Historians and others have written a great deal about the American republic and the role Andrew Jackson played in both protecting and, most certainly, even if unintentionally, changing it. I have read many accounts both about the republic and about Jackson. Reading about the old-world influences on Jackson and his friends was easier because my goal was to understand the basics rather than to go in-depth into the history of Scotland and Ulster. The same was true of the degree to which I needed to read about the English gentry. The concept of political culture has been much studied and here too the challenge was to understand the basic idea.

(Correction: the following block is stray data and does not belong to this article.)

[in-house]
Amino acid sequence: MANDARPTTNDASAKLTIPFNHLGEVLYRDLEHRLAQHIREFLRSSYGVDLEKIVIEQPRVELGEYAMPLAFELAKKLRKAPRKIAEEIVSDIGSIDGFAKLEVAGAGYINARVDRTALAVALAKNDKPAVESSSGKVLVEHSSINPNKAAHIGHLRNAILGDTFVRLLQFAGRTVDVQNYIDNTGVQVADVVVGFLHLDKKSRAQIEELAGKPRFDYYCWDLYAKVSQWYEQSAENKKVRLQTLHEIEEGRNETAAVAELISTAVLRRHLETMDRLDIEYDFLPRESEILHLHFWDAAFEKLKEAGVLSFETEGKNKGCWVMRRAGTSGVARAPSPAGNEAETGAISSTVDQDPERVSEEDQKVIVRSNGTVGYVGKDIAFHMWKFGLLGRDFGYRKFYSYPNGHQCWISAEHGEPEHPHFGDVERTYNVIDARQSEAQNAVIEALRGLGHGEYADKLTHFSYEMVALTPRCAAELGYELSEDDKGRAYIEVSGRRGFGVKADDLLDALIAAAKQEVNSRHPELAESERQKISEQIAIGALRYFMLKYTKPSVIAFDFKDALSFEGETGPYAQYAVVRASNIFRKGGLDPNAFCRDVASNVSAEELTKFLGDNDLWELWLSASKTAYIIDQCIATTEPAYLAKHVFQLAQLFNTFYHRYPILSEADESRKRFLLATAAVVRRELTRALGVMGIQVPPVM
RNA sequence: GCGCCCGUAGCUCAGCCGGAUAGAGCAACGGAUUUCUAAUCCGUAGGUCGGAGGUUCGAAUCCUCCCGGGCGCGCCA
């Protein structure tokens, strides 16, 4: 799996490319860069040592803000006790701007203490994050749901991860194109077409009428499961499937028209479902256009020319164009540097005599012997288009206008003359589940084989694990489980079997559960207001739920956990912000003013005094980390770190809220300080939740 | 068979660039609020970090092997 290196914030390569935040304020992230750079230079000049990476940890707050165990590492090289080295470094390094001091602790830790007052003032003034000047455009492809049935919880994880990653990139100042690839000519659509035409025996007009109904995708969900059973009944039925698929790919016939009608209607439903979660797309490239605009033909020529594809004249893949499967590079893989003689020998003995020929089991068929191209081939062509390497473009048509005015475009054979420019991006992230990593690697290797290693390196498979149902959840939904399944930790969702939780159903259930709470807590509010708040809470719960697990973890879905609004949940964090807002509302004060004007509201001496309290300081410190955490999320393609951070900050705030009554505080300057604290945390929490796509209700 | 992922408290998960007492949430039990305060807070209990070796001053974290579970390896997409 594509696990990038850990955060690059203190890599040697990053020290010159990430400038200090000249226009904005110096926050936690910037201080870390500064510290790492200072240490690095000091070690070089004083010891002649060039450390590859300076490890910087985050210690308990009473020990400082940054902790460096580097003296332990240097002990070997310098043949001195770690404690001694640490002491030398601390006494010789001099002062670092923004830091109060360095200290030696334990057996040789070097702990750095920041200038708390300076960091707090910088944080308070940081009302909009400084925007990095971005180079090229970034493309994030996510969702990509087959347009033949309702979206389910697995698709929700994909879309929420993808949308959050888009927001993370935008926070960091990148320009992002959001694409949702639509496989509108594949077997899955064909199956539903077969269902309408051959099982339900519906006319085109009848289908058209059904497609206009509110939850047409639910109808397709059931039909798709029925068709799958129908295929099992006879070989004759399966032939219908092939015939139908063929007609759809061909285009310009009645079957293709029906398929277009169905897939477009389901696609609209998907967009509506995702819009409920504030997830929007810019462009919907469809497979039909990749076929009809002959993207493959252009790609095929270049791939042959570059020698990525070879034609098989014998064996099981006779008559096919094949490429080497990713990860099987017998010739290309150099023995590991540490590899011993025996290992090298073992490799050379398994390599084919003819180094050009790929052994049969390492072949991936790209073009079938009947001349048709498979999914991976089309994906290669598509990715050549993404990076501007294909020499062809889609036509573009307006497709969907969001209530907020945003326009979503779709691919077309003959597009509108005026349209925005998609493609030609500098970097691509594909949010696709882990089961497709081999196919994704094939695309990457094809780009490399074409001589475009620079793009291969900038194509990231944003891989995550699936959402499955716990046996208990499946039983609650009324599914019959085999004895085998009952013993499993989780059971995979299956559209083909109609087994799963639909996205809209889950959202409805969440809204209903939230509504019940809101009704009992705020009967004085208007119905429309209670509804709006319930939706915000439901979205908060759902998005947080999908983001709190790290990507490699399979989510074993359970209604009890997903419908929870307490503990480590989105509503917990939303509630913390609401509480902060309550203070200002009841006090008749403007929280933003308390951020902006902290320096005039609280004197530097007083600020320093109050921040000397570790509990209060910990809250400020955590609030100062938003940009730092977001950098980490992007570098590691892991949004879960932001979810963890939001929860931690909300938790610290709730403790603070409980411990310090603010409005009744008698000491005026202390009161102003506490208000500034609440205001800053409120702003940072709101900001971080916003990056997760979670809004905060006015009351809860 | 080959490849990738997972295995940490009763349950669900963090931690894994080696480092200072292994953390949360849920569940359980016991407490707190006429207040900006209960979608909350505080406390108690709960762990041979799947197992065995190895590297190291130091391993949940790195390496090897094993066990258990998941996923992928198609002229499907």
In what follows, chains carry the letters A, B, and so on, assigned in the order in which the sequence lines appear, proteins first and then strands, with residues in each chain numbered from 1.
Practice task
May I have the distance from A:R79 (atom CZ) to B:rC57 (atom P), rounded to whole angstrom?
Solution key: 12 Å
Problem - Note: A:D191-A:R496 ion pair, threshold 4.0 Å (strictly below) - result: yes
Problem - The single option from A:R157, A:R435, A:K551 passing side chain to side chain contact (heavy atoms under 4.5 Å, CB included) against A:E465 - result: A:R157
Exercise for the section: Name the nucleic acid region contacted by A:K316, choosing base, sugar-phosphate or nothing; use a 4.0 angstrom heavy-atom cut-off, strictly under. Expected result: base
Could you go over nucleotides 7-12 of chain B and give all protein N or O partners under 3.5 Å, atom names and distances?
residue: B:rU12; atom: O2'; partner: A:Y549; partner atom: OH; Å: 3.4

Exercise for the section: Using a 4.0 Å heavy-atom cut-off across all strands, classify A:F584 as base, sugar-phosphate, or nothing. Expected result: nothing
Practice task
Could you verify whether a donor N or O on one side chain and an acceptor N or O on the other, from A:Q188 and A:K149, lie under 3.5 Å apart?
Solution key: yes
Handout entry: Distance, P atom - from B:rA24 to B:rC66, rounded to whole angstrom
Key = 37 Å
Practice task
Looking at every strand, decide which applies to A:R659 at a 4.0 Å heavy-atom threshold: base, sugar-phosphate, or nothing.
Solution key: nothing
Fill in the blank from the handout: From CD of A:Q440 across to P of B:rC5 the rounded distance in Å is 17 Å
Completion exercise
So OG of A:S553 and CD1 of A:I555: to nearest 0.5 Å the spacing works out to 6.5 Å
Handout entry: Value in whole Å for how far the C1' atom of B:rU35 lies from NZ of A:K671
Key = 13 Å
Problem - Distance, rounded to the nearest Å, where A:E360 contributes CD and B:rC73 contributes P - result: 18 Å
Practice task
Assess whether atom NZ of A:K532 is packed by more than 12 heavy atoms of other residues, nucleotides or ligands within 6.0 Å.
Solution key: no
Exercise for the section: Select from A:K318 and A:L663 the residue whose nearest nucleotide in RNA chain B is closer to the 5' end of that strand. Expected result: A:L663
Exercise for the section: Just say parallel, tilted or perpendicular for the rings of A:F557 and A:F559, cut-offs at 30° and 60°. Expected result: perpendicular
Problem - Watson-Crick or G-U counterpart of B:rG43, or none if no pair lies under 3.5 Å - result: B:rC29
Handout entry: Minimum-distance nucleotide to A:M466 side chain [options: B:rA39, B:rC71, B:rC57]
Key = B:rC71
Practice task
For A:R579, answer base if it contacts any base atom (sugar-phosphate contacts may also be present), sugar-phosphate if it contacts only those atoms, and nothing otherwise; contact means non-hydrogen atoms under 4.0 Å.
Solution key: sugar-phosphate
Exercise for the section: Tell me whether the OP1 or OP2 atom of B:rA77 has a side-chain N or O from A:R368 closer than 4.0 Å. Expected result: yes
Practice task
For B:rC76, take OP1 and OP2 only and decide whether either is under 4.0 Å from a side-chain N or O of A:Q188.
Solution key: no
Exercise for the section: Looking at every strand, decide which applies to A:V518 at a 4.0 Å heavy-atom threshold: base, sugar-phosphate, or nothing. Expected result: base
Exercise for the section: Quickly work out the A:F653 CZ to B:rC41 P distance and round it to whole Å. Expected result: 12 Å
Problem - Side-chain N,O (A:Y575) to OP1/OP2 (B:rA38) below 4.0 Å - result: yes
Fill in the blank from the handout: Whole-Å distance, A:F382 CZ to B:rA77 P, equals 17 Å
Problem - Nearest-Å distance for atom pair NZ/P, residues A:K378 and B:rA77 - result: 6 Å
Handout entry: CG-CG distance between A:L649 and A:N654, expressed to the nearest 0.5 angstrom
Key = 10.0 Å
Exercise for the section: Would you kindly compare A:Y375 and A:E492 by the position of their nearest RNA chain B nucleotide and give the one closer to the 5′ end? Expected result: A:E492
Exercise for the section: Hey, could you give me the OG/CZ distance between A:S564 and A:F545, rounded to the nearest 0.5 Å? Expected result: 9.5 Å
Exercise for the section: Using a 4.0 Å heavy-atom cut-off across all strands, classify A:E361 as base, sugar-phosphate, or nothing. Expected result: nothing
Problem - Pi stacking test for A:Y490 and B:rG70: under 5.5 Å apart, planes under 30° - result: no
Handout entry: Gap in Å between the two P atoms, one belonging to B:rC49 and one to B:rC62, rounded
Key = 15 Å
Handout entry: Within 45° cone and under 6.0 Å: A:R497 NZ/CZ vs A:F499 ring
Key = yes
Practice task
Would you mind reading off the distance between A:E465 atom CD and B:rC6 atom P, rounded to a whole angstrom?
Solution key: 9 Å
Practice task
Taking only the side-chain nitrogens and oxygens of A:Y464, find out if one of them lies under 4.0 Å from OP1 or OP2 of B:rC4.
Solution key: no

Primary source material was readily available for the study of Jackson, Polk, and Houston but scarce in the cases of the other figures considered in this volume. While there are some collections of manuscripts, mostly letters written by or to Campbell, Overton, Coffee, White, Carroll (who as Tennessee governor also left state papers), Eaton, and Lewis, one would wish for more in the effort to understand their values, attitudes, and beliefs as applied to political life and especially to their relations with Jackson. What follows has been organized to reflect the principal topics under consideration.
Arieli Yehoshua. Individualism and Nationalism in American Ideology. Baltimore: Johns Hopkins University Press, 1966.